Monthly Archives: September 2016

Mars != Humanity’s salvation

Let’s go to Mars! I’m all for it.

But let’s not make the mistake of pretending that a Martian colony represents some human lifeboat failsafe; that it could be a ‘offline humanity backup’ ready to return society to Earth in case of a total apocalyptic event. Let’s face it, the worst day on Earth will beat the best day on Mars — when it comes to survival — every time.

The likelihood that an ELE (extinction level event) will kill EVERY human on the planet, is pretty darn small. While the likelihood that an ‘uh-oh!’ moment on Mars will kill every Martian is much much higher.

Eukaryotic life has existed continuously on this planet for 2.5by. On Mars — never. Even through massive extinction level events, earth was livable within a few years to decades later. You screw up on Mars – game over! You crawl out of your cave on Earth after 20 years – hey fresh start. And look, O2 to breath for free and H2O to drink. And I don’t have to wear a spacesuit to go take a pee outside. (Not that you’d ever do that on Mars…)

Things that might go wrong on earth that would require a human society reboot:

  • Bio-terrorist attack? Nuclear winter? Killing everyone? Extremely unlikely.
  • Snowball earth would take centuries to develop, not much of a ELE there.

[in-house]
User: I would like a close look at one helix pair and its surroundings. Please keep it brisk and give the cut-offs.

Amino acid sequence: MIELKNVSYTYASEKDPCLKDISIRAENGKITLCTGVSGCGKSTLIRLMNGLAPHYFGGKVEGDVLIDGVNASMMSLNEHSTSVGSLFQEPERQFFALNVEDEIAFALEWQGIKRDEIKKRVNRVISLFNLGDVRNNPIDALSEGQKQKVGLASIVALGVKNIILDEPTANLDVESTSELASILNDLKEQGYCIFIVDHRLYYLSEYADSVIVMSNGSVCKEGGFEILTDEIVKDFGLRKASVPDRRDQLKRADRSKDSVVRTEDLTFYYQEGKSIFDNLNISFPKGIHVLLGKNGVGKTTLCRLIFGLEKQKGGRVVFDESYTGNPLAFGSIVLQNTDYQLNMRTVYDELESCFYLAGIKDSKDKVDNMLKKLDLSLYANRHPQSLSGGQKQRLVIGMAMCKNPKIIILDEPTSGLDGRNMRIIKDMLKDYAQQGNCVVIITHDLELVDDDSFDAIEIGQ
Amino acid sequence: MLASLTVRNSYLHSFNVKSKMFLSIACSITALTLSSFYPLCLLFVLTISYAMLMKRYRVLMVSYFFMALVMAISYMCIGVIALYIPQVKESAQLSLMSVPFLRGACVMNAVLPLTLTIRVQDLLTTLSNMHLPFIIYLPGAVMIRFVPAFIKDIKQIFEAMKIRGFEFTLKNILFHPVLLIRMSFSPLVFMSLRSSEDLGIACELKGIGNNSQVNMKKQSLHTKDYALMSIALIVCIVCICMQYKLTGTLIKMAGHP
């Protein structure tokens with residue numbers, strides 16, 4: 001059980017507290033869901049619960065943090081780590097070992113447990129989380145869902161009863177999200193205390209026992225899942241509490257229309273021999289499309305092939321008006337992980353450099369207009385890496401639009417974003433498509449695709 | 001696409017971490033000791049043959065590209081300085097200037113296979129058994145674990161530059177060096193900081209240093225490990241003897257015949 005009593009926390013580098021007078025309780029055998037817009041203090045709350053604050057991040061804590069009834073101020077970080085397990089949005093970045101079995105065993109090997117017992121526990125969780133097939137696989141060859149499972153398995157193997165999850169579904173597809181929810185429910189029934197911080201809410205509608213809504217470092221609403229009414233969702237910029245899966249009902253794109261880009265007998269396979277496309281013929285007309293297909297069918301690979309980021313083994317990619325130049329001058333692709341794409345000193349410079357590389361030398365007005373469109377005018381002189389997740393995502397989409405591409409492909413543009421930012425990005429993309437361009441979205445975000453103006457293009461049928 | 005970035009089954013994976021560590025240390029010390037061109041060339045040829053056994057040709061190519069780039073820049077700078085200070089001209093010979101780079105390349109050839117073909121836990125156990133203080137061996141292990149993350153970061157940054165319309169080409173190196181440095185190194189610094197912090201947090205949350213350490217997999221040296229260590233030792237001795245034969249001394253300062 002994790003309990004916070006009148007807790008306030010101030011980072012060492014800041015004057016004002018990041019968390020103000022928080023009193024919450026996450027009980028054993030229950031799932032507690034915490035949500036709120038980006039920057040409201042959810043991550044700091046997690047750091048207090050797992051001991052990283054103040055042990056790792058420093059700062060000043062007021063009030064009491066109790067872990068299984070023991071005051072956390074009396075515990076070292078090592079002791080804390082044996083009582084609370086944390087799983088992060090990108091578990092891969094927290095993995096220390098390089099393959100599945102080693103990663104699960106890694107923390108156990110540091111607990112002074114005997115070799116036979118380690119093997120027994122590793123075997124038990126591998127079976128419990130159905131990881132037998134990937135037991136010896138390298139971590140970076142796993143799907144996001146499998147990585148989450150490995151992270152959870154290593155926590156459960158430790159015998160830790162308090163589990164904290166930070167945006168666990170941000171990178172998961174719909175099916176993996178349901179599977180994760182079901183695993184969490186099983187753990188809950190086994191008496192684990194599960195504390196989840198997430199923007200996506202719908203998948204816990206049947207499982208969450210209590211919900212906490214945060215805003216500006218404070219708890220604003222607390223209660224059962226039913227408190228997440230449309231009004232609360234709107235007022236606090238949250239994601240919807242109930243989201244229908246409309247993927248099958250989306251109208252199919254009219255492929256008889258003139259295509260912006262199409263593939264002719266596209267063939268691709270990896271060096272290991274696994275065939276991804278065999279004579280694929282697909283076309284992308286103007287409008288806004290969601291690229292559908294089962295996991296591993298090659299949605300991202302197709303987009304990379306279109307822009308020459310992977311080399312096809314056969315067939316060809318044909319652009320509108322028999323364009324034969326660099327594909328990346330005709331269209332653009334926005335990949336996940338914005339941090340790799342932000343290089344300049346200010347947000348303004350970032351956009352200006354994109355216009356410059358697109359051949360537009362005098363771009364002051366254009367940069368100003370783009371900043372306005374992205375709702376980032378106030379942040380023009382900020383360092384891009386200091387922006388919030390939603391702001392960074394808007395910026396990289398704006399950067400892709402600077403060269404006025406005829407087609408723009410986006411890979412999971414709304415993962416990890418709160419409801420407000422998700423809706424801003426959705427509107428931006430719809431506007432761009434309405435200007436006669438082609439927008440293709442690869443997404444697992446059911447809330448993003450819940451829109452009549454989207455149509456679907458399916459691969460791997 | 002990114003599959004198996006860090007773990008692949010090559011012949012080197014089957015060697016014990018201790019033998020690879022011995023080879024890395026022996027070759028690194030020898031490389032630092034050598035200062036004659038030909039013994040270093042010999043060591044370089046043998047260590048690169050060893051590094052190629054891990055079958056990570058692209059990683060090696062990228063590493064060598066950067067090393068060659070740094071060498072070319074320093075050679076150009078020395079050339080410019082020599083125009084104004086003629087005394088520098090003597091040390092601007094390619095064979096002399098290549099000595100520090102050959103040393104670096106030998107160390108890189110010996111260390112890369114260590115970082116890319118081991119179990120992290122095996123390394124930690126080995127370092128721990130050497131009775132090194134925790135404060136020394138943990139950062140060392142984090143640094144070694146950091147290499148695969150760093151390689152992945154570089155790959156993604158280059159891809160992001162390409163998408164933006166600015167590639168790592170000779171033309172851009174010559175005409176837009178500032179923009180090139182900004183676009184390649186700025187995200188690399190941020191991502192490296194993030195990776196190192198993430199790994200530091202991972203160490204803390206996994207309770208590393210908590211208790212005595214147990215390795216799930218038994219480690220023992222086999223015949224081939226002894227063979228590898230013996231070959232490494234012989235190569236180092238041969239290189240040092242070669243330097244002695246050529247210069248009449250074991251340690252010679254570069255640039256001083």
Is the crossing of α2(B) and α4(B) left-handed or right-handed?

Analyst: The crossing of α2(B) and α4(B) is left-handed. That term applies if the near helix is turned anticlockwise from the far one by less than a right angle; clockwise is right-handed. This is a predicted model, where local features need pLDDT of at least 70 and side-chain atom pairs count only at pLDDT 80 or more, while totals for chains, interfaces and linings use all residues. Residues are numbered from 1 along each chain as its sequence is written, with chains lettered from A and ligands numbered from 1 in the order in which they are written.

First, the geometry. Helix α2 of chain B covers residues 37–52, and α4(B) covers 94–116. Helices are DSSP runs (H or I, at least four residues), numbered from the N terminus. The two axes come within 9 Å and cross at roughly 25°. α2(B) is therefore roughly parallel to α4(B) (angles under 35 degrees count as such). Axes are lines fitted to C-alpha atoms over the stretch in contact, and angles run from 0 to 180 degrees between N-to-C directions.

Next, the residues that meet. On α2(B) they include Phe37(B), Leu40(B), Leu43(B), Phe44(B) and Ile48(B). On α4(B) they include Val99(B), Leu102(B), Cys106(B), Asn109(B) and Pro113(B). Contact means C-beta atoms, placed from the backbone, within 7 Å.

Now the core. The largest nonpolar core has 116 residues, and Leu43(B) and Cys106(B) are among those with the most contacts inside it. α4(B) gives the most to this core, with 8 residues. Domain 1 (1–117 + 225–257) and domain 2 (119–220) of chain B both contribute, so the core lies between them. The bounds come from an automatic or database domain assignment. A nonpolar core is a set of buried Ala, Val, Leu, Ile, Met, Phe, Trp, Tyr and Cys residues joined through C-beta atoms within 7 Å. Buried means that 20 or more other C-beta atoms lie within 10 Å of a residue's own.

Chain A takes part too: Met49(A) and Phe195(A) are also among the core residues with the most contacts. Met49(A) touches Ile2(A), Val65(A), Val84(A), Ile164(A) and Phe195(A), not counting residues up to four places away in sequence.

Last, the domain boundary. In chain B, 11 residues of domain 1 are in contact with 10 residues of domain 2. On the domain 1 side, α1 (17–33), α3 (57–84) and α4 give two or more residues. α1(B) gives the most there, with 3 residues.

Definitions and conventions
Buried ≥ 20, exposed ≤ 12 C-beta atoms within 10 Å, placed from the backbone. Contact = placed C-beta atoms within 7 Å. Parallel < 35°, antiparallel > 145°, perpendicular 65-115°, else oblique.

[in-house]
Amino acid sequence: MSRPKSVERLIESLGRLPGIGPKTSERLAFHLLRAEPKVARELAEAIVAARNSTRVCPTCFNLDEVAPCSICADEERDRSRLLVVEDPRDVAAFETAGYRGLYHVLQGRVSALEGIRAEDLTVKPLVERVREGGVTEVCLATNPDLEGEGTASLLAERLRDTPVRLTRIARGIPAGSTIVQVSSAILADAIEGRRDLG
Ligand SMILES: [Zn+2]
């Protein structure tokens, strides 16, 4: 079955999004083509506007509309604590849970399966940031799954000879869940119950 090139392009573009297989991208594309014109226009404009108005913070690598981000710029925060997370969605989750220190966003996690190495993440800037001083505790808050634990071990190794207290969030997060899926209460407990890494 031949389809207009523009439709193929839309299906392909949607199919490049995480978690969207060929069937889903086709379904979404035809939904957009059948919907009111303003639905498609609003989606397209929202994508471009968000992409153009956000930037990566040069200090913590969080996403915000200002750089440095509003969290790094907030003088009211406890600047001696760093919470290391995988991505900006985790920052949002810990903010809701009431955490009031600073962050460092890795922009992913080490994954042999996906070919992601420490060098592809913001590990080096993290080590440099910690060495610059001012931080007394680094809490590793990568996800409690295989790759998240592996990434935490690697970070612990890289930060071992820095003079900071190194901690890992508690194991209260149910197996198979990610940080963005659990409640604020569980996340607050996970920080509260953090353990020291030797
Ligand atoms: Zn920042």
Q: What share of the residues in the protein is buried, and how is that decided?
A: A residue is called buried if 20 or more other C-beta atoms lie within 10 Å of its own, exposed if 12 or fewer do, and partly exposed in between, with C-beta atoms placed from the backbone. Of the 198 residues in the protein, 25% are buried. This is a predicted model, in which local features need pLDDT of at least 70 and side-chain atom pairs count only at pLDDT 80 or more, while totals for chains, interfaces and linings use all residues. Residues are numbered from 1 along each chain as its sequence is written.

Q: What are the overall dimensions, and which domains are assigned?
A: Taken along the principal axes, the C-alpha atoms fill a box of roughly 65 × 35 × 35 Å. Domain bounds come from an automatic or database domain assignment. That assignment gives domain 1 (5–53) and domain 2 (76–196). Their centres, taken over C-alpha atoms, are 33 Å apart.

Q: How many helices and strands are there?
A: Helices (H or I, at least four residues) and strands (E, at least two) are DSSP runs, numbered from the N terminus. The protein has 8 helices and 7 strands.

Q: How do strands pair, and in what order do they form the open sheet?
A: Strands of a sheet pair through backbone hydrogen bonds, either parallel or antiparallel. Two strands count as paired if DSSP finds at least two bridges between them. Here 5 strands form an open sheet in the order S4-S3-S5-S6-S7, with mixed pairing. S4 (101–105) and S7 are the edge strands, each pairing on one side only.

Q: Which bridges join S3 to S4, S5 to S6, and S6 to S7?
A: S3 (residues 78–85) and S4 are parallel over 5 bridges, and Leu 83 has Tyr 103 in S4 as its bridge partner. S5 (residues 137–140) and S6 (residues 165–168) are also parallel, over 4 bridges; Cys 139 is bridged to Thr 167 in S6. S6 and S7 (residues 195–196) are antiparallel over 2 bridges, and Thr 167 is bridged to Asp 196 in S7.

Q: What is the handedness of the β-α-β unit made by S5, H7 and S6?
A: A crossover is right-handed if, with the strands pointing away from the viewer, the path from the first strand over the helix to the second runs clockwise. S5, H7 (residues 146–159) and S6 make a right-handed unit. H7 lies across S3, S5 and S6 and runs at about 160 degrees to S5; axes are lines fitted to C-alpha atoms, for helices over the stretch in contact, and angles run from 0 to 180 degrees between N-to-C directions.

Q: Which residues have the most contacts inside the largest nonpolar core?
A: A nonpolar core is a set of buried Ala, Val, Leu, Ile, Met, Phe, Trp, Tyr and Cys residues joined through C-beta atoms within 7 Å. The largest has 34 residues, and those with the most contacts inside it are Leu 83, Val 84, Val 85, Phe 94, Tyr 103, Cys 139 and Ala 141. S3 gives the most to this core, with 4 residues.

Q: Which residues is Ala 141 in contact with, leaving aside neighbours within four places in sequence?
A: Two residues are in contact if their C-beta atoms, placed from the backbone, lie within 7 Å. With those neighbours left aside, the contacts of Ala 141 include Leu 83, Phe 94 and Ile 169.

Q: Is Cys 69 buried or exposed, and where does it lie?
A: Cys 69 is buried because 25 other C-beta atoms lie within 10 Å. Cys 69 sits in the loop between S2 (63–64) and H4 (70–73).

• Super volcano? Mega asteroid? Both would come with warnings, plenty of time to distribution billions of dollars of resources in underground locales around the globe (or on the moon).
  • Sun death? What? In like 5b years? Like humanity is gonna even survive the next U.S. election cycle…

If Musk was sincere about saving humanity, and he was serious about doing it soon, then he should probably build an ark on the Moon and keep it stocked with a Svalbard Seed Vault and a couple of IBM Watsons full of all the information to rebuild society. Oh and maybe a few ten thousand embryos of a few hundred different species of animals, not to mention embryos of humans. Maybe get a couple of dozen caretakers up there too. Then, a generation or so after the planet gets wiped – send down a part of the Ark to kickstart society. If you ‘really’ wanted to protect the continuity of the human species — that’s the way to do it.